Sheriff Garrett's personal efforts to keep these relationships healthy, positive and productive make all the difference. Relationships matter. Keep Pat Garrett sheriff!

John E. Ryan, Beaverton

Difficult transitions await if we don't take climate action

Regarding the Citizen's View article by Mike Pihl ("Cap-and-trade will hurt rural Oregon jobs," Feb. 19, 2020) in which he discusses the trials and tribulations of dealing with the effects of pending cap-and-trade legislation, I offer the following.

It seems that Pihl is a good, hardworking American who certainly faces some difficult transitions in the new era of combating climate change. Welcome to the club, Mike. Dealing with this issue is going to be very disruptive to all of us, some more than others.

Read Mike Pihl's Feb. 19, 2020, commentary about how cap-and-trade will affect the logging industry in Oregon.

First of all, climate change is not something we can turn away from. We are talking about nothing less than the extinction of the human race. Without serious changes, some say it will happen in 200 years and some, like the late Stephen Hawking, say 1,000 years. We must act now.

Cap-and-trade is one idea to legislate the change we need. Make burning fossil fuels more expensive. I think this is imperative. And I am sorry that it will affect you probably more than others.

But wait, there are some alternatives that could help ease the pain.

Since cap-and-trade is, in essence, a tax, the Legislature could issue people like yourself subsidies to ease the pain and make the transition more bearable. Why not raise the price of your commodities to help offset the added costs of fuel? It is not like your competitors aren't facing the same issues.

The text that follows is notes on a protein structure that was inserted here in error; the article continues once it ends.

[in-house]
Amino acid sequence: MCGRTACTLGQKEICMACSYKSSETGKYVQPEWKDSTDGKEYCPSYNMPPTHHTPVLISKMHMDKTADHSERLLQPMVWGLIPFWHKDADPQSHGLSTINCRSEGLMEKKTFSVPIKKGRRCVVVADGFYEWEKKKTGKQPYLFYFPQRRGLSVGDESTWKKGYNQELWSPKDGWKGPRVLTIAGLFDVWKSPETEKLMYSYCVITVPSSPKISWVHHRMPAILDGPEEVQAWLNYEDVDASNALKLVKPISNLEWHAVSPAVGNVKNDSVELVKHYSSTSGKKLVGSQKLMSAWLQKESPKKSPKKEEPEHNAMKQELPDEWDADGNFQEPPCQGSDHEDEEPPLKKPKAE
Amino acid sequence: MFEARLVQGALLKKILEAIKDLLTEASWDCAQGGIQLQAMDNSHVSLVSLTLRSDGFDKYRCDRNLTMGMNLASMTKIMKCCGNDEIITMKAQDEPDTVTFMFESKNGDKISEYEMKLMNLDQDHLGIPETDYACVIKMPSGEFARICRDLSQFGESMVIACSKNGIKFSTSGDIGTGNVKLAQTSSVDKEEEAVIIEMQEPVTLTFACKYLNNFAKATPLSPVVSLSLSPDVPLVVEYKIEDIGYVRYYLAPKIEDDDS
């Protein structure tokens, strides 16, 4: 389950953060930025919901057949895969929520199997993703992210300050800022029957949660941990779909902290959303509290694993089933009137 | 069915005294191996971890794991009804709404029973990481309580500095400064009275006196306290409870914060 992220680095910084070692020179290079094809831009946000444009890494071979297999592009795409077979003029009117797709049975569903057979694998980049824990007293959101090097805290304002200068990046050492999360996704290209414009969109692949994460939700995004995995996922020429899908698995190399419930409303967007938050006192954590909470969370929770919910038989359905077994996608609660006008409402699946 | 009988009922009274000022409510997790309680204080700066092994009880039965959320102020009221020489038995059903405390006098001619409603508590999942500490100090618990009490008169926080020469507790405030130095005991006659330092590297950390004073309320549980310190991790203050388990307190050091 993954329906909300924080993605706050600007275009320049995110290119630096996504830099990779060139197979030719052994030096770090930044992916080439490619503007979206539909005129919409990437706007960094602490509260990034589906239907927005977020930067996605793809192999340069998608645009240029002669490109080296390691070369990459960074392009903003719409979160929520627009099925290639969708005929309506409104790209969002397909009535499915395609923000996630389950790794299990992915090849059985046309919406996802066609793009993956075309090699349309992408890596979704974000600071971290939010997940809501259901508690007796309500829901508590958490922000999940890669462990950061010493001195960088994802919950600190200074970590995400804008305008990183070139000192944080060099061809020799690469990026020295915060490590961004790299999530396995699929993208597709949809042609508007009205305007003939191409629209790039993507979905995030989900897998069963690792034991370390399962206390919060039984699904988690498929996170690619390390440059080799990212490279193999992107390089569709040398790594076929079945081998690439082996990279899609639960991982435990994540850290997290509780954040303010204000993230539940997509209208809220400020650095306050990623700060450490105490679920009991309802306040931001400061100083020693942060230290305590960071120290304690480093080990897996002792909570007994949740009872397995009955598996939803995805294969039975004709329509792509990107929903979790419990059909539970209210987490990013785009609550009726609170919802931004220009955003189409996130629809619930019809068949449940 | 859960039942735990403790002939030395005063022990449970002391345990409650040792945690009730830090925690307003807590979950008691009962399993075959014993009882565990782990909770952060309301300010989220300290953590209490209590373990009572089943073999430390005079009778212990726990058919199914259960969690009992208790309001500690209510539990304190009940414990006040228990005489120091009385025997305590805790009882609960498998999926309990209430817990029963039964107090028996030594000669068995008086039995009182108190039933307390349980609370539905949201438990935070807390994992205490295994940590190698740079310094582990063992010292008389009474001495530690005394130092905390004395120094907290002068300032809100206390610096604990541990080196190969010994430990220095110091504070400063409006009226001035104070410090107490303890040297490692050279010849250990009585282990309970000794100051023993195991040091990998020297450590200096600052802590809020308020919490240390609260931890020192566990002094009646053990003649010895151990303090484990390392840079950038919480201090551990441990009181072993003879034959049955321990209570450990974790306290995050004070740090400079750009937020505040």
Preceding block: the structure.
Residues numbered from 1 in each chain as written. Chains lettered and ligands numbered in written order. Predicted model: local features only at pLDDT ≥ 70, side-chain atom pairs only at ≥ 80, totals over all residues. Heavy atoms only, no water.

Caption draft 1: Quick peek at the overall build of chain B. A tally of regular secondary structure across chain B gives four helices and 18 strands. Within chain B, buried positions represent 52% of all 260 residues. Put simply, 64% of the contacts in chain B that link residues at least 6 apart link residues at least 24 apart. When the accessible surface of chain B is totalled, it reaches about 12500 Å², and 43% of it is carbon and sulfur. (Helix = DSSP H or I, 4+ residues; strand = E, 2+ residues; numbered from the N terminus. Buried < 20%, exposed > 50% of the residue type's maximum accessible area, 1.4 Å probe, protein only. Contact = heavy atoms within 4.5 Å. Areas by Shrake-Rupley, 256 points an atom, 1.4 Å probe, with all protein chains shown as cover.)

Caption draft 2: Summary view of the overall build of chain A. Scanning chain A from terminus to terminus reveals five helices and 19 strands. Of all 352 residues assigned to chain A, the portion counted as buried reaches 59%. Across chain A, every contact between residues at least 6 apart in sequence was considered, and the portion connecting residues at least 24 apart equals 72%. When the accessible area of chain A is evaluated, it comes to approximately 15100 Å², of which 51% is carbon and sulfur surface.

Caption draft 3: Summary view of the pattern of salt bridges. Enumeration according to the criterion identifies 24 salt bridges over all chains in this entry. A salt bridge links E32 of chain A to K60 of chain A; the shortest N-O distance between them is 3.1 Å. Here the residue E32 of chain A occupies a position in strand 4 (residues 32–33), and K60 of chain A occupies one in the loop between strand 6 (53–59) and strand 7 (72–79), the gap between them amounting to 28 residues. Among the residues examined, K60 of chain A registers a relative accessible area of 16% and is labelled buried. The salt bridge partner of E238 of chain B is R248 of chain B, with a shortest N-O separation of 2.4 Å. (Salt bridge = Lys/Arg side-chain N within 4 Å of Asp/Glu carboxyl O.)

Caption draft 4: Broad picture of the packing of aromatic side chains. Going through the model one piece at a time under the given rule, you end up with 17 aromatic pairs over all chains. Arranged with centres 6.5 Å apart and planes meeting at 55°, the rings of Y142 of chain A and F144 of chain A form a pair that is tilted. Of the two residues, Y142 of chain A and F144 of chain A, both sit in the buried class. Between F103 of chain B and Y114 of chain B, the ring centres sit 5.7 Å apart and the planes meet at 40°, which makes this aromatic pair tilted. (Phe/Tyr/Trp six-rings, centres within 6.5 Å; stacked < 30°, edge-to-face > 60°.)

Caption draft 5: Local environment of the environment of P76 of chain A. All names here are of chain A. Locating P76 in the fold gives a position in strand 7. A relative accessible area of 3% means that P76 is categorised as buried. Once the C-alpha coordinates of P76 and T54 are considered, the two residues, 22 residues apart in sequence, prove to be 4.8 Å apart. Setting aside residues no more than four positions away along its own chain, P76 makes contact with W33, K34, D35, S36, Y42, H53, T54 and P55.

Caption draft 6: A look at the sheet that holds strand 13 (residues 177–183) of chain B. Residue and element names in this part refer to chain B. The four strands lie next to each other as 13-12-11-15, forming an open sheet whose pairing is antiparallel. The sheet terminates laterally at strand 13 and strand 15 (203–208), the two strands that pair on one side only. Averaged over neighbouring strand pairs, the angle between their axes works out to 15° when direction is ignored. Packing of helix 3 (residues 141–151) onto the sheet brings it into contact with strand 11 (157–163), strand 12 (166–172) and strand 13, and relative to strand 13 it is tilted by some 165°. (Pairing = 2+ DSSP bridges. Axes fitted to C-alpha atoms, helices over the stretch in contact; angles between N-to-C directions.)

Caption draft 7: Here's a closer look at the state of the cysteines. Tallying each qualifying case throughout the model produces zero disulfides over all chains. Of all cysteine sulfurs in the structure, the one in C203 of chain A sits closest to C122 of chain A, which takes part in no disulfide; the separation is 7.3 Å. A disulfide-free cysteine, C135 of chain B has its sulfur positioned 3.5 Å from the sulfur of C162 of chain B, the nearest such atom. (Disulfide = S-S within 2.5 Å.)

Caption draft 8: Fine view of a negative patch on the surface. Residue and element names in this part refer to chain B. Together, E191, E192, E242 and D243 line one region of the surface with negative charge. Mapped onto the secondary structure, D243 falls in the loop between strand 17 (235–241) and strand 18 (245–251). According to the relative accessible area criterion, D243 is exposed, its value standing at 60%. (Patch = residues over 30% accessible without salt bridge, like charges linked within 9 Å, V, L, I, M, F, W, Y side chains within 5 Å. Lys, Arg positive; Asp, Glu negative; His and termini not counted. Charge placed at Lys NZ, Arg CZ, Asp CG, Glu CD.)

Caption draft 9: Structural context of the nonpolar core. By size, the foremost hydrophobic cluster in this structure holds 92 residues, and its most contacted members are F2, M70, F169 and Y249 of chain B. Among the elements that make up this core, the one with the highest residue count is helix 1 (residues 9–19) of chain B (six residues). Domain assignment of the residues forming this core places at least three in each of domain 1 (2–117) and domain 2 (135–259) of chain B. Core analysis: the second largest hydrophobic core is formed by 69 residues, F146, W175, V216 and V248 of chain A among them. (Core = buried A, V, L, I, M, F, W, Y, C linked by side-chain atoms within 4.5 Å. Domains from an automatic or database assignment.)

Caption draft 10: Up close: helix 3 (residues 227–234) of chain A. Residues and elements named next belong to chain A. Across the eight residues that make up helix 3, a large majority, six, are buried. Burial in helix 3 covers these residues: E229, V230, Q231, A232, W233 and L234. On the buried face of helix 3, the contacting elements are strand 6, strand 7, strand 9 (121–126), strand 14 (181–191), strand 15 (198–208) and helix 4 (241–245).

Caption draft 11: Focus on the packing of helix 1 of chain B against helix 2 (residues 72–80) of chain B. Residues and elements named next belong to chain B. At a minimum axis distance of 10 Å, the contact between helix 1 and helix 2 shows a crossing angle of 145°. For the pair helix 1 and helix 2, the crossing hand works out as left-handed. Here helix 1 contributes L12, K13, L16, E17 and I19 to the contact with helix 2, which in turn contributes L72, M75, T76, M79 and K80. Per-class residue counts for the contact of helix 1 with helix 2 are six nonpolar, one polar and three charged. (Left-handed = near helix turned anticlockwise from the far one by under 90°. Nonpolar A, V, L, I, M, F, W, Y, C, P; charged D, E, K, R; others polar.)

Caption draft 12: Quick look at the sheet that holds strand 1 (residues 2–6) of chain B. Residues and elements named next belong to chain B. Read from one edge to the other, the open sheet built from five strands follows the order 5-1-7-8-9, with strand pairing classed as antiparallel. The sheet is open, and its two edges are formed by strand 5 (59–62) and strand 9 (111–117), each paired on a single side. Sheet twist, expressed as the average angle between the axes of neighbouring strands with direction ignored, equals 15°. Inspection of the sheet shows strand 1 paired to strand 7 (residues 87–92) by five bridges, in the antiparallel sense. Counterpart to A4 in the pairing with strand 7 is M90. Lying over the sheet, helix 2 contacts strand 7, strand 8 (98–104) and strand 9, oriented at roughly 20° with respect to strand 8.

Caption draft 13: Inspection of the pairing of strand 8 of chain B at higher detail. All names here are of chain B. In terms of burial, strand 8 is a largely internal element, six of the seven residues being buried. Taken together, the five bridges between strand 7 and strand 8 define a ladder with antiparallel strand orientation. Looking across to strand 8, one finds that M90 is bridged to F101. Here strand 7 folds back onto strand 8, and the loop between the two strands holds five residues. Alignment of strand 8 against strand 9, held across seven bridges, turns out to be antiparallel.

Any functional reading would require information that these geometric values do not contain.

Mike, thank you for your efforts and good luck to you.

Paul DuPont, Portland

Be 'super clean' and set good example in your community

I want to do what I can to help prevent the spread of viruses and bacteria in our community.

Aside from staying home when sick, the best defense we have is wiping down surfaces and, most importantly, frequent and thorough handwashing.

What if we all do our part in our community on this? Wipe down our community spaces. Handles to the library doors, school surfaces, community railings, coffee shops, banks, atm buttons, etc.

It's not about mass panic or paranoia, it's about doing something small like taking an antibacterial wipe out of your pocket or purse and using it as you move through our community. Teaching our kids and holding each other accountable to thorough and correct handwashing. At my hospital, we call this movement "super clean." If someone sees someone forget to wash their hands or clean equipment, we just nicely say "super clean" to each other. We have a community understanding that disease is fought at a community level, and if we all don't work together, we don't stand a chance.

This recent outbreak is a great reminder that we should be doing this all the time — especially to protect the vulnerable. I am hoping to go into our local schools with glow germ and black lights to teach handwashing on my day off. It's an easy thing to do and super fun.

I encourage everyone to do what they can to help stop the spread of all community viruses and bacteria. What can you do today to help be super clean?

Chelsea Gallagher, Sherwood